Following in the footsteps of Scott
I’m currently on my way to visit Scott’s hut at Cape Evans, on the west side of Ross Island, where Scott built his headquarters before setting out on his bid for the South Pole.
Scott’s last journey began in the Winter of 1911 and reached the Pole on 17 January 1912, only to find themselves preceded by the Amundsen expedition. They perished on the return journey, in the last days of March.
To mark the anniversary, exhibitions are planned in London, Cambridge, Plymouth and at the National Museum of Wales in Cardiff. I’ve been working on the Cardiff exhibition where we’ll be looking at the support Scott received from Wales (good Welsh coal fuelled Scott’s ship, the Terra Nova) and at the scientific work of the expedition. Geology was high on Scott’s research programme and he took three geologists with him: Raymond Priestley, Frank Debenham and Griffith Taylor.
Preparing museum exhibitions generally involves a lot of reading around the subject, gathering specimens together, visiting other collections to arrange loans of material and searching picture libraries for photographs and other images. But four weeks ago my preparations took a rather different turn when, out of the blue, I was asked to join a group of Antarctic enthusiasts on a trip to the Ross Sea with the aim of visiting Scott’s hut.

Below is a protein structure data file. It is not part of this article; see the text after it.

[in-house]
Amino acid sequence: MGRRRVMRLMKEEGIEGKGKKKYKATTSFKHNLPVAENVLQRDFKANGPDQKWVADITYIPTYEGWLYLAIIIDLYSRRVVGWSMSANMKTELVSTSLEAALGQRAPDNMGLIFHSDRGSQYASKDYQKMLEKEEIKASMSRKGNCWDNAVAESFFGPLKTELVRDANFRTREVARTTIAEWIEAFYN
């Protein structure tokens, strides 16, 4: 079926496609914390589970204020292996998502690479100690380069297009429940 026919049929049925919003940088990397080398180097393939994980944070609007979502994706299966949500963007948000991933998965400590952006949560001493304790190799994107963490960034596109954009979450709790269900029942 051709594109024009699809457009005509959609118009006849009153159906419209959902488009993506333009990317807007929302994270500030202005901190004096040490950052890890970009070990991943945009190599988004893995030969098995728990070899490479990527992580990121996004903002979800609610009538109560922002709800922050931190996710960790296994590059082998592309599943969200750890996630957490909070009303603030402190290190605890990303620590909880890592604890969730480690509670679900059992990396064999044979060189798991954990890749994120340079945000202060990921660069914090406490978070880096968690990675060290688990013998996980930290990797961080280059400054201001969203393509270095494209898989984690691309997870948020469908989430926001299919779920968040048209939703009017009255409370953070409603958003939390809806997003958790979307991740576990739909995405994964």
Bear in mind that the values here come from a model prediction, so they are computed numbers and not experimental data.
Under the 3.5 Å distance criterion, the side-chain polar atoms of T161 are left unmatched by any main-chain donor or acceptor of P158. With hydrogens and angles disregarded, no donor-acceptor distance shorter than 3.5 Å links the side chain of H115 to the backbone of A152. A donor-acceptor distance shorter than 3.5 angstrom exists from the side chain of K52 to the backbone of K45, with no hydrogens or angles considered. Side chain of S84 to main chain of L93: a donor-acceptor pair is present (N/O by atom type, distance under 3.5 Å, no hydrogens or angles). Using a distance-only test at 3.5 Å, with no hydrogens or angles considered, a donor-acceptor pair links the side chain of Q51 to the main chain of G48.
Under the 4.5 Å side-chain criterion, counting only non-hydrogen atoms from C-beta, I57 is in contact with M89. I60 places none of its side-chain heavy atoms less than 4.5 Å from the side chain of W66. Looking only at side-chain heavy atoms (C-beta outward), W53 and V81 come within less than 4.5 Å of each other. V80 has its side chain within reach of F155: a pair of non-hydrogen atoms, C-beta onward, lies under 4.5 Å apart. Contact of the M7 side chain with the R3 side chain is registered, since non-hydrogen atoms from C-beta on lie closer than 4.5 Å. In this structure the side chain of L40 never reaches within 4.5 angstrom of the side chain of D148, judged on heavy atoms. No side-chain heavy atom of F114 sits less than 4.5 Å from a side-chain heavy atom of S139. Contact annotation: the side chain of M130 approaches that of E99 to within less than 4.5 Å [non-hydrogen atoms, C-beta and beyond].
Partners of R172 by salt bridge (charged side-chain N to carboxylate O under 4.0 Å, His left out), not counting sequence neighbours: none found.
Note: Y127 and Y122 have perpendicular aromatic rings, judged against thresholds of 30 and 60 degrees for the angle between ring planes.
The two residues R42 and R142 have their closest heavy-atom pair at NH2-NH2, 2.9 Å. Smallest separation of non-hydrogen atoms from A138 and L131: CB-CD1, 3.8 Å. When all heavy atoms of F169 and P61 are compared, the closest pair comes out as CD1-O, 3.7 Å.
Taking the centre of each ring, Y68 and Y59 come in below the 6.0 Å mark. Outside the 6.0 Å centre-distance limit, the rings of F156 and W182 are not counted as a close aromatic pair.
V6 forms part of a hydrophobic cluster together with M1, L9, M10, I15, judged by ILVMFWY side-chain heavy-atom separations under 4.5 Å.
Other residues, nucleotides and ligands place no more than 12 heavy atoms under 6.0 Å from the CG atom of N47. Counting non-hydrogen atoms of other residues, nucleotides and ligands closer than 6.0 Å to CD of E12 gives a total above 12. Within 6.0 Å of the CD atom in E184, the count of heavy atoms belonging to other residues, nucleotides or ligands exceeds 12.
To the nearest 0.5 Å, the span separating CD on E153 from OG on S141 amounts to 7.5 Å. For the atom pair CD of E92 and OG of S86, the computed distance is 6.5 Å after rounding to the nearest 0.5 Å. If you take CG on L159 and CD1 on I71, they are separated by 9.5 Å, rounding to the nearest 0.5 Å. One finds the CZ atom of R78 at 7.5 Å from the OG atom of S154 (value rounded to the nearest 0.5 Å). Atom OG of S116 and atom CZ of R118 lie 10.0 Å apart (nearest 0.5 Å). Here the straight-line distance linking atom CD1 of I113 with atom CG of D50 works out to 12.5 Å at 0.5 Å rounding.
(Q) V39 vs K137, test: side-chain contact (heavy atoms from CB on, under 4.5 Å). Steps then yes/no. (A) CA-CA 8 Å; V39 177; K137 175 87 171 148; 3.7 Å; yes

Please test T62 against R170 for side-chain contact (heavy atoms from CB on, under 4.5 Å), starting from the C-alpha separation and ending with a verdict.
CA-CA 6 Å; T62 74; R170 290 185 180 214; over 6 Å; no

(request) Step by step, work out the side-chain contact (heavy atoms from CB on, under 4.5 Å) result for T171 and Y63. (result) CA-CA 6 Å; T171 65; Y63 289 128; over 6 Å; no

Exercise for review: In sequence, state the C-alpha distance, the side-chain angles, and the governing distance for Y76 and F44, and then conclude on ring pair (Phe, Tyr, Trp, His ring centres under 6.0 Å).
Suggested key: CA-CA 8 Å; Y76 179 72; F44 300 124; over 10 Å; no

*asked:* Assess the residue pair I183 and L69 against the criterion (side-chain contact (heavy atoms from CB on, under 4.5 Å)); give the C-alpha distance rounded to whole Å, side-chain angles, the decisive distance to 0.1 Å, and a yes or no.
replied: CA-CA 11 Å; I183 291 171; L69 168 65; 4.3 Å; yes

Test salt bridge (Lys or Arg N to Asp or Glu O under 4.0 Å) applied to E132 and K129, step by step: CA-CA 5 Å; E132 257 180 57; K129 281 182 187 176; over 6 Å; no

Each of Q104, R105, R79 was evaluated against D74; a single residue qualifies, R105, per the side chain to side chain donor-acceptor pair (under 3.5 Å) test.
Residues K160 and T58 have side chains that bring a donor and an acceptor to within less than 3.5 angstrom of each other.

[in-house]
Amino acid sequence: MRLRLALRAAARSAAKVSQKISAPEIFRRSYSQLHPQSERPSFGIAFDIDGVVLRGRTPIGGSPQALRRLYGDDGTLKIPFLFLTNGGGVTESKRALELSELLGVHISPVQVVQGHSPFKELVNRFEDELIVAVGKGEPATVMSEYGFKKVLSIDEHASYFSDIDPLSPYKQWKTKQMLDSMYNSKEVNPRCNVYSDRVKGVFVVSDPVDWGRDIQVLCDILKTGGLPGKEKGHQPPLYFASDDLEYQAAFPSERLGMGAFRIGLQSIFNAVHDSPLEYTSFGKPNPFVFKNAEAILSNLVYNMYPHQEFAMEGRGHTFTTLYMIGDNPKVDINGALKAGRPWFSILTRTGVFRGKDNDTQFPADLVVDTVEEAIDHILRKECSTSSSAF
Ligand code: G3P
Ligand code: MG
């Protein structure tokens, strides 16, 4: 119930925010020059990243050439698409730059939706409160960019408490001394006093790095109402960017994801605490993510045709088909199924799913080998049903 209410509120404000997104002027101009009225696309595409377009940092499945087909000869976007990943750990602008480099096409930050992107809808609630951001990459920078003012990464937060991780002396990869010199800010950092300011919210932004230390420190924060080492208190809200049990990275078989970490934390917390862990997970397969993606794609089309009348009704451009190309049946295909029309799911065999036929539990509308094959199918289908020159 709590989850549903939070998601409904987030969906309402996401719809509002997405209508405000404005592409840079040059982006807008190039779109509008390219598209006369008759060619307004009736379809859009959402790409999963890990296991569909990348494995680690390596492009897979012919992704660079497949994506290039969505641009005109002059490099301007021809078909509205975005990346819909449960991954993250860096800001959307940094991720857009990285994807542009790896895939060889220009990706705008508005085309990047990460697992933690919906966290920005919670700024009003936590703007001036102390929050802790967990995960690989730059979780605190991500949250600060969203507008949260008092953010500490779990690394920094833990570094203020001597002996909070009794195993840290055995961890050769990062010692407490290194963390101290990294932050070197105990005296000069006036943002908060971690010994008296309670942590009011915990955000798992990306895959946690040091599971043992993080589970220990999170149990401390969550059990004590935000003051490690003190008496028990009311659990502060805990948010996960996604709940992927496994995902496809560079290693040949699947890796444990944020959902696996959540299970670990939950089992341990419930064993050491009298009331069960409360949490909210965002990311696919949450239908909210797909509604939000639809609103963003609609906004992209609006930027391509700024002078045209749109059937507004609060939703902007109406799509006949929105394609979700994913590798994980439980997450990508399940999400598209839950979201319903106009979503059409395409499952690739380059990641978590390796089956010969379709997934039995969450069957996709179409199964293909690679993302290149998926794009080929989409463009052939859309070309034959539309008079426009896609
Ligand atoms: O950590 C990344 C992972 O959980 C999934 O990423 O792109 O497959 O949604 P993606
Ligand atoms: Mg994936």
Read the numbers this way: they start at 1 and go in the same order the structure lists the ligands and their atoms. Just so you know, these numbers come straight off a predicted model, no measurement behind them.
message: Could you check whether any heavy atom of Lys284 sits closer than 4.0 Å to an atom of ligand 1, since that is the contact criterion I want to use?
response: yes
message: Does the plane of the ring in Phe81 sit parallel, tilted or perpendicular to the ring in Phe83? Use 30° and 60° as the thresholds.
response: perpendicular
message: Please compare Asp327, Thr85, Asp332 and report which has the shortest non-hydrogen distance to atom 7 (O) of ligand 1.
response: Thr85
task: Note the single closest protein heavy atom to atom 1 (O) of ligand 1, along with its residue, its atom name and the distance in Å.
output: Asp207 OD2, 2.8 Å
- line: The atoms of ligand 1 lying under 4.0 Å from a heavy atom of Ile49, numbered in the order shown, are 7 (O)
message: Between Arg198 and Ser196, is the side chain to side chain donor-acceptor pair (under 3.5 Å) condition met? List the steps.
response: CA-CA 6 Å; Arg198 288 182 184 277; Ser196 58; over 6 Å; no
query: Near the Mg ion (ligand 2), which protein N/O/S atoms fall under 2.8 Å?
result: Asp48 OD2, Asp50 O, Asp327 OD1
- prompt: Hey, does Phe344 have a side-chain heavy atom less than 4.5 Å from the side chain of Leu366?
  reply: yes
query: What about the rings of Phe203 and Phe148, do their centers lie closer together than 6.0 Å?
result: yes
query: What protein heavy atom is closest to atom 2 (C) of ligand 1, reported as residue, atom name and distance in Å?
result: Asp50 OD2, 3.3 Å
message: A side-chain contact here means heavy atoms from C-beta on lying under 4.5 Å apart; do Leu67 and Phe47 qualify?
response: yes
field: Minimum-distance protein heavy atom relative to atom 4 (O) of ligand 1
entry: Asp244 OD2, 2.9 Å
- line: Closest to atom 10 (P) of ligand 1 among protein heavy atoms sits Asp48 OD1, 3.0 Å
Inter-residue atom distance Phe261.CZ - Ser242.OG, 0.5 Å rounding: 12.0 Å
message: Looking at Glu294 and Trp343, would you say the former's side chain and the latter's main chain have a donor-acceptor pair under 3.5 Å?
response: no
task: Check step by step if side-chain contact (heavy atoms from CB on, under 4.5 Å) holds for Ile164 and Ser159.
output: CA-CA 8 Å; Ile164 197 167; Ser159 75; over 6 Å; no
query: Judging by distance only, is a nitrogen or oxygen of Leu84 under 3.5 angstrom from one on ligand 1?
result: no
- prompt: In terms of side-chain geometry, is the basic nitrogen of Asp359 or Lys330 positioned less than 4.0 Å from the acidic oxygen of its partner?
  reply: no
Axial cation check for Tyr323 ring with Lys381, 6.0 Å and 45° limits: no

Wednesday 16th November
So here I am, on a Russian icebreaker, ploughing through the Southern Ocean which is being remarkable benign. The Furious Fifties and the Screaming Sixties are not living up to their reputations. We’ve experienced no more than at 32 degree roll, but it’s a novel experience, sleeping in a bed with seatbelt straps.
We sailed a week ago from Lyttleton on the South Island of New Zealand, the same port from which Scott headed south. We called at a few of New Zealand’s subantarctic islands, The Snares, the Auckland Islands and Campbell Island, where my task has been to try and distract the folk on board from the penguins and albatrosses and get them to look at the rocks.
We crossed the Antarctic Convergence yesterday, so the sea temperature has dropped, and this morning we crossed the political boundary of the continent defined by the Antarctic Treaty, 60 degrees South latitude. Tonight we should reach the edge of the pack ice which lies at about 64 degrees S. Then it’s a whole new game.